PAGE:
Tag Archives: artificial intelligence


22 Jun

OLYMPUS DIGITAL CAMERAAn interesting summary in MIT Technology Review of some recent research done on creativity in historical art, creativity here being taken to mean novelty in imagery or content that had an influence on other– by definition less creative and more derivative– works by the same artist or by others. A machine vision algorithm analysed “classemes”: visual concepts which “can be low-level features such as color, texture, and so on, simple objects such as a house, a church or a haystack and much higher-level features such as walking, a dead body, and so on.”

Intriguingly, the algorithm is not restricted to figurative art and it can cope with abstraction and pop art, although at this stage they seem to be looking at painting. The software critic also tends to broadly agree with human assessments of the most influential works and artists even though it was not primed or biased in any way; all it did was look at which artists were being creative and which were being derivative in their imagery. Possibly another point for the “yes, good and bad art is quantifiable” side.

By the way… I must point out that despite MIT supposedly having some of the best logical minds on the planet, nobody seems to have noticed that MIT stands for Massachusetts Institute of Technology, therefore this publication’s name is Massachusetts Institute of Technology Technology Review.

Read the original scientific paper here, and Massachusetts Institute of Technology Technology Review’s review here here.

(Previously: Google AI’s halluncinations)


18 Jun

What happens when you train an artificial neural network to recognise images, then turn the system around to start with random noise and evolve an image representing what it “sees” when you ask it about things that appear in pictures, which could be anything from a banana to a landscape? Apparently, you discover that the software is tripping its nonexistent tits off and hallucinating like mad.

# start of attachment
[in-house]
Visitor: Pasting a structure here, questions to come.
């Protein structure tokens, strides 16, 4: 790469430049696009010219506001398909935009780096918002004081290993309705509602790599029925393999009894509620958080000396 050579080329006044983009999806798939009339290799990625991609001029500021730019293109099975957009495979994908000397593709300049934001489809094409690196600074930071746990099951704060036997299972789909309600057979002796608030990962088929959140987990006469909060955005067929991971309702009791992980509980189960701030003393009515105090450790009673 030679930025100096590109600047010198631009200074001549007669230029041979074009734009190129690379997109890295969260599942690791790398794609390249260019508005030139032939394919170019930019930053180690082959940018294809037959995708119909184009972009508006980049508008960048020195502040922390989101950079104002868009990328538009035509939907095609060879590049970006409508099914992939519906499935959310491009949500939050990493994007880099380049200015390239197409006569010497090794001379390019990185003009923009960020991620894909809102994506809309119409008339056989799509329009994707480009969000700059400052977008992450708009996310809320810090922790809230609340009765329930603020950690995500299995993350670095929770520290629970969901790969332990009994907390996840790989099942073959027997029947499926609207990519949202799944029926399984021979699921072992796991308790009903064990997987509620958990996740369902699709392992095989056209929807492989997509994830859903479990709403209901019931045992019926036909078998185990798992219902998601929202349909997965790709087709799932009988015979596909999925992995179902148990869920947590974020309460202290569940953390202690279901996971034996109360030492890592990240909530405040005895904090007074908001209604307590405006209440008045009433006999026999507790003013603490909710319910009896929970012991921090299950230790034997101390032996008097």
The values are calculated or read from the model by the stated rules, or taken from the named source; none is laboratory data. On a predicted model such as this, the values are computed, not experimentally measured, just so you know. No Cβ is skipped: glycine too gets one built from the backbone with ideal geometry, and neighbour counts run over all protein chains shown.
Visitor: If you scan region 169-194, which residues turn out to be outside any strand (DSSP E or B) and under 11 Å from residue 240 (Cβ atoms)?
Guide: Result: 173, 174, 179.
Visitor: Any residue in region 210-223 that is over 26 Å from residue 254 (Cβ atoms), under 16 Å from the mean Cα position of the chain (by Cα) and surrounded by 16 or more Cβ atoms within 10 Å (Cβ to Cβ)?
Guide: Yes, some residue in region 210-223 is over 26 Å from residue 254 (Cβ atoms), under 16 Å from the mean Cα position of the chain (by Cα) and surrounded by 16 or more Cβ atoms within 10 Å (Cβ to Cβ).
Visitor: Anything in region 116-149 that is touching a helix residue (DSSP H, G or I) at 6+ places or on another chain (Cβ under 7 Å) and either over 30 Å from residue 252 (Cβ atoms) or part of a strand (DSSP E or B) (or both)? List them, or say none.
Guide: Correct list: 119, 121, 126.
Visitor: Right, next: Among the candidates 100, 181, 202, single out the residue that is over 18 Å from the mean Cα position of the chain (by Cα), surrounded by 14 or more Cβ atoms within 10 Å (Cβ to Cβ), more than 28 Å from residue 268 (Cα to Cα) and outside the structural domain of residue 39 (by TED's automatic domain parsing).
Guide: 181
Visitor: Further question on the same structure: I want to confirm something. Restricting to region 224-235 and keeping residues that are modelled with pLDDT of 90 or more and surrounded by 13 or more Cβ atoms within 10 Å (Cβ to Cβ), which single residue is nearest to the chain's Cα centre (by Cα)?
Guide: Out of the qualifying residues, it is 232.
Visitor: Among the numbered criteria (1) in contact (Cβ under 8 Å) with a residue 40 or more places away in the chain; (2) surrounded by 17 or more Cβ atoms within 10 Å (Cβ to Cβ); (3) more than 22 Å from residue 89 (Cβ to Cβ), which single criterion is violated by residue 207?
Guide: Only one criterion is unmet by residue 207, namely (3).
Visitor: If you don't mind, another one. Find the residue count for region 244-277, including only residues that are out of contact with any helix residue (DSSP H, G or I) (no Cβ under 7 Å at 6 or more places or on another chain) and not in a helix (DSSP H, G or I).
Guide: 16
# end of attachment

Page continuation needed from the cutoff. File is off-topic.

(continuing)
Yes, this is a multi-eyed knight with a Rottweiler saddle and llama hand puppet, under a swirling sky full of snails, eyes and leering Breugelesque cow-dogs.


Google obviously have a lot of time and money invested in technologies for image searches and classification. The digital learning systems responsible for these images– some of which have been going viral recently, 99% of the time without any context whatsoever apart from LOL weirdness– analyse examples of what the programmers want them to learn. The whole process and concept is much more interesting and much more profound in its implications than its viral LOLness at first suggests. In the cases shown here, the ANNs were trained with a lot of animal images with the strange side effect that they see animals everywhere: in the clouds, in the trees, in a horse rider’s saddle. Like the classic bad tripper or paranoid schizophrenic they see watchful eyes everywhere. In humans it’s called pareidolia; false pattern recognition, seeing connections and structure where none actually exists. The classic example is seeing pictures in clouds. The networks sometimes harbour unexpected– but with hindsight strangely logical– misconceptions such as taking it as normal that dumbbells can’t exist without a beefy arm attached to them, because most photos of dumbbells also feature weightlifters. Horizons get pagodas and towers because that’s how people tend to picturesquely frame them in photographs. Trees are apparently hard to distinguish from buildings and therefore tend to get mixed up with them, and so on.

Edvard Munch’s Scream is even more disturbing with the addition of AI-paranoia sky-eyes, and the screamer himself gets a daft golden retriever-beagle makeover:


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